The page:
As autumn sends a chill down the spine, heating one's house doesn't have to hurt the environment. Technological advances have given us a range of innovations for turning the humble home into a mini-power station.
This summer millions of people were made to think hard about something they had always taken for granted - electricity.
The massive power cuts in Italy, Canada and the US, coupled with notable outages in London and the West Midlands, wrought chaos and confusion.
Some experts say more are to come, as utilities companies try to square pressure on overheads with increased consumer demand.
Even when the power is flowing, all is not as it should be. A report on Monday highlighted how some suppliers are being double-handed with our money, demanding cash when they want it, dragging their feet when they owe it to us.
Yet it does not have to be like this. Gradually more homeowners are turning their properties into mini-power stations, generating much of the electricity they need on-site.
Britain is commited to seeing more electricity generated from renewables (such as solar power, above)
Government grants are available to soften the cost of installing renewable energy systems
What's more, the trend for "micro-generation" tends to draw on renewable energy sources, rather than environmentally-damaging fossil fuels. Unused power is simply sold back to the National Grid.
A conference in London on Tuesday will examine how home builders can take advantage of this new technology. Increasingly, however, micro-generation can be incorporated into existing homes, and within a few years even a typical three-up-two-down might benefit from what's offer.
So what are the options?
What is it? Think of the Earth as a giant storage heater, absorbing heat from the sun during the summer. A few metres below the surface, the soil maintains a constant temperature of 11-12°Celsius in the UK. By feeding a coil into the ground and pumping water through it, the Earth doubles up as central heating boiler.
So-called geothermal systems offer "very considerable savings," on heating bills, says Andy Moore, of Penwith Housing Association in Cornwall. After a successful trial, it has started "retro-fitting" them in sheltered housing for old people.
Pros: Cheap to run, you just pay for the running of the pump.
Cons: Fitting is disruptive (it can mean drilling a hole up to 50 meters) and expensive - £10,000 per property.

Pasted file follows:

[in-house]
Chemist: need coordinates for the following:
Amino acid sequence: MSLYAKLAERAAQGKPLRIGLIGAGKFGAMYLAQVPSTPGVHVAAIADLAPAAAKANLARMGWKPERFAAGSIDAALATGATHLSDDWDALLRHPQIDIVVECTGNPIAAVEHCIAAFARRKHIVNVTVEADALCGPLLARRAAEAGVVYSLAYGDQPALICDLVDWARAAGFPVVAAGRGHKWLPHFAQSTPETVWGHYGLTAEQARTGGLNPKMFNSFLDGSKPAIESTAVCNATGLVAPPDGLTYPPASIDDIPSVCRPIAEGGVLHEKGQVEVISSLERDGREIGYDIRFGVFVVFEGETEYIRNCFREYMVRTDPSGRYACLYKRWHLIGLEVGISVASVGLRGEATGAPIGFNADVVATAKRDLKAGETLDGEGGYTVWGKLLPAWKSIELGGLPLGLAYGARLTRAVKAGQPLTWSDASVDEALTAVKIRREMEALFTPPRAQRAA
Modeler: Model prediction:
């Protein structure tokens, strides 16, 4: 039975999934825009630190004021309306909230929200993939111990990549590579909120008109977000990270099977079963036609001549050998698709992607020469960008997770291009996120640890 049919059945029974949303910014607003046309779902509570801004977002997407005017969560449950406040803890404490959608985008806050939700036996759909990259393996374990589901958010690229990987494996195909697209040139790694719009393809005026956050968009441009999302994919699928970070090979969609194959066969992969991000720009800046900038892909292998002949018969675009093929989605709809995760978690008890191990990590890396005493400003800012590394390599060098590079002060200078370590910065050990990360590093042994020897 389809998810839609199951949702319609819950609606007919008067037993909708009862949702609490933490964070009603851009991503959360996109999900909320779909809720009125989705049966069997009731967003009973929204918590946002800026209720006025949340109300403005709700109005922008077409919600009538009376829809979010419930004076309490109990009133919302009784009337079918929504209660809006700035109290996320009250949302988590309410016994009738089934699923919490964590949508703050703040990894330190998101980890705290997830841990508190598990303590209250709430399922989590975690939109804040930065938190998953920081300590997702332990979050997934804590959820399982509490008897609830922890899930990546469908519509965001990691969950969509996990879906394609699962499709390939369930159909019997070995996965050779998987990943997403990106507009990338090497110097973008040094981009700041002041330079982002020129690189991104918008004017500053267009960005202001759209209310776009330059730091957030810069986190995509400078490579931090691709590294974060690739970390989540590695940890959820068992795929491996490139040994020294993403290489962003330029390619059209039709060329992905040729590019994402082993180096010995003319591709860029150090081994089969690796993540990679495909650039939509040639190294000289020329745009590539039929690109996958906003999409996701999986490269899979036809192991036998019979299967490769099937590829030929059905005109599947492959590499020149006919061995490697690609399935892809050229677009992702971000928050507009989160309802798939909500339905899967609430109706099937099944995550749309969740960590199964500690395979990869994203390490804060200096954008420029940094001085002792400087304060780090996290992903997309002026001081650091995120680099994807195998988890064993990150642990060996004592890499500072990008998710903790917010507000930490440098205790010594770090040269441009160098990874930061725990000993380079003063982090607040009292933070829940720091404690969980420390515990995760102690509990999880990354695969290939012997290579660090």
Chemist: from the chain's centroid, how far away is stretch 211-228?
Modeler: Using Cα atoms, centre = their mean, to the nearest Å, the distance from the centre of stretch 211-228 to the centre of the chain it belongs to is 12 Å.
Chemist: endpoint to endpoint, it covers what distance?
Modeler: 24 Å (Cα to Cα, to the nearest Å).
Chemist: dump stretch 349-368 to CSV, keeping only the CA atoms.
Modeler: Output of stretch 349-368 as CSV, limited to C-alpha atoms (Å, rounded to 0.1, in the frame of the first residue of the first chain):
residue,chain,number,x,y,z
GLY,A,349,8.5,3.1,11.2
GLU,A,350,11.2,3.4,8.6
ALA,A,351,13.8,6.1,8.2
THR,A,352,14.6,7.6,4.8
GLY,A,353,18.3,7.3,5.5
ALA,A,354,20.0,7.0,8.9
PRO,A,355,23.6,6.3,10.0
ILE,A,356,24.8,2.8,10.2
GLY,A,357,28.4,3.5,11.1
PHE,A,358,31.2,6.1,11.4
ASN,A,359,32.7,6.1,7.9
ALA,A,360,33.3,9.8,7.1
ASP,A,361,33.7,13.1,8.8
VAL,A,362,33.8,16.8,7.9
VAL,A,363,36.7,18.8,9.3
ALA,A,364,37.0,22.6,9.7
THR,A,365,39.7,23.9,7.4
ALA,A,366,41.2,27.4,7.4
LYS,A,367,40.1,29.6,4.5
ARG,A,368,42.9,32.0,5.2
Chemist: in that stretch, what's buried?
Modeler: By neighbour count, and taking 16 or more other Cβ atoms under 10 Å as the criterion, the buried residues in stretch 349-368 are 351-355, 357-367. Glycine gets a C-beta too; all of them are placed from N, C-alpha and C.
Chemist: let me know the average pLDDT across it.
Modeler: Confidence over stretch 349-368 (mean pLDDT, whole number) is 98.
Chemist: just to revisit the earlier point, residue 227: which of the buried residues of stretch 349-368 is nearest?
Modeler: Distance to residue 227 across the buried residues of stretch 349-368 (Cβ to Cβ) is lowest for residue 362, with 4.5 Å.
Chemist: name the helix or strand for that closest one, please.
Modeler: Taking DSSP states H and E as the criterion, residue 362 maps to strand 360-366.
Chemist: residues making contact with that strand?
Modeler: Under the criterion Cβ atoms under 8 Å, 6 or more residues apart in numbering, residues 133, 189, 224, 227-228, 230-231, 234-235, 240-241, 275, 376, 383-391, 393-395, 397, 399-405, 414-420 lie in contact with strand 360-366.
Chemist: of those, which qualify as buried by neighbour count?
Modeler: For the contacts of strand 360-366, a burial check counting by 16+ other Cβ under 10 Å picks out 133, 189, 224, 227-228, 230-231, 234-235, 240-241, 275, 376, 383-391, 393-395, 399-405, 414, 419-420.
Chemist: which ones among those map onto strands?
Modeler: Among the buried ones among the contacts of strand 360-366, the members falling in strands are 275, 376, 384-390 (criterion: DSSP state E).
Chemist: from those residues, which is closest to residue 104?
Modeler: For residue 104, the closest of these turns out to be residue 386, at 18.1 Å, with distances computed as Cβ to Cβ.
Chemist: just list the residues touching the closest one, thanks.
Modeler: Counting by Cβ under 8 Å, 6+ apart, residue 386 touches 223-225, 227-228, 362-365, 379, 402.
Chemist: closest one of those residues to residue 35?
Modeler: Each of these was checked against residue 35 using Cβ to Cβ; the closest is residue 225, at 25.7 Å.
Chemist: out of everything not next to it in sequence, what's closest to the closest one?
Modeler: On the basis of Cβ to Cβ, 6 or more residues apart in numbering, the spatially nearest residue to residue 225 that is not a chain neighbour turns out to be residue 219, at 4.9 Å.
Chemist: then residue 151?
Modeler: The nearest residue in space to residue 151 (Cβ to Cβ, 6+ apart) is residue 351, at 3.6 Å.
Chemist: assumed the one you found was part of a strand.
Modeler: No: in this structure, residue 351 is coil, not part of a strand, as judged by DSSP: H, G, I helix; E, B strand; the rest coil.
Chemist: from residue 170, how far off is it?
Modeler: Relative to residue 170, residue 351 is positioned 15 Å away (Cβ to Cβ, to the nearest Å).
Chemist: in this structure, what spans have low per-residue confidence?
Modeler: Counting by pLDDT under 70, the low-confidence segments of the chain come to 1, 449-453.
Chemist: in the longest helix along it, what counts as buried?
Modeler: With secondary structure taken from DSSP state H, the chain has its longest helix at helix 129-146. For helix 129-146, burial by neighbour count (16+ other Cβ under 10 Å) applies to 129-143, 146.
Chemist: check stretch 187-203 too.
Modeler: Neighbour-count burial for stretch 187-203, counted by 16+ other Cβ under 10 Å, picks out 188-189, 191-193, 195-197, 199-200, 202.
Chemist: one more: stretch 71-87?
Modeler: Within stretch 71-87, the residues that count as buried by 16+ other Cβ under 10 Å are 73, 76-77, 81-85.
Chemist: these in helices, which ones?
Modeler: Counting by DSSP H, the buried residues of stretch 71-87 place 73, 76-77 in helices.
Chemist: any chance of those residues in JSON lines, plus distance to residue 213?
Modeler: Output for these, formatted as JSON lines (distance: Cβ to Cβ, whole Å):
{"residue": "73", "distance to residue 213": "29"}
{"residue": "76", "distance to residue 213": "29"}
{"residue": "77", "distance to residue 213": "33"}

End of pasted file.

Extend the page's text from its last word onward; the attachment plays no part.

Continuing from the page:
PHOTOVOLTAIC (PV) CELLS
Not a typical power station: Solar panel can be discreet
What is it? Converts the sun's radiation into electricity. One of three different sorts of solar energy technology, PV is the most expensive but potentially the easiest to manage and maintain.
Pros: Cell panels are easy to install and can be fitted on top of a normal roof. Panels covering 10-15 sq m would produce about a third of an average family's electricity.
Cons: An expensive option (£8,000 - £18,000) although grants are available, as with most of these systems. While cost has come down, it's unlikely to fall much further, says Andreas Biermann, of the Energy Saving Trust. Might save about £100 per year on electricity bills. Can be unsightly, although latest innovation is to combine cells into slate tiles.
What is it? A wind turbine (modern-day windmill) which has rotors fitted with aerodynamic blades, attached to a generator. Britain has 40% of Europe's total wind energy resource, so lots of potential.
Pros: Cheaper than solar cells and there's plenty of wind around the shores.
Cons: Impractical for built-up areas - wind speed increases with height, so best suited to properties with a lot of land.
Just around the corner - micro-CHPs will be available from December
What is it? If you believe the hype in the industry, this is the impending revolution. Although not strictly a renewable heating source its trick is to convert the heat given off by a conventional gas boiler into electricity.
The size of a washing machine, a micro-CHP houses a typical boiler plus the clever conversion kit. Early models - they will go on sale in December - will suit a large family house, says Andreas Biermann. More compact units are expected to follow.
Pros: Straight-forward installation and the unit is reasonably unobtrusive. Could save a typical family £150-£200/year on electricity.
Cons: Fairly expensive - initially about £2,000 each. New technology, so may need refining, although Mr Biermann says much work has already gone into perfecting reliability.
Micro-hydro power - harnessing the power of running water - dates back to ancient times, but recent advances have made it viable for use in properties with only a small natural water supply.
Biomass is the burning of sustainable fuels, such as wood chips, grasses, crops and animal manure. Unlike fossil fuels, the CO2 generated in the burning is off-set by that absorbed during the fuel's growth. It is however, fairly impractical for town and city dwellers.
Clearly, the prospect of a typical house turning itself into a mini-power station is still some years off. Even with the grants on offer prices will have to fall to bring these options into the bugets of most household. Meanwhile however, the big power suppliers are starting to plug into their own renewable sources and pass on the benefits to customers.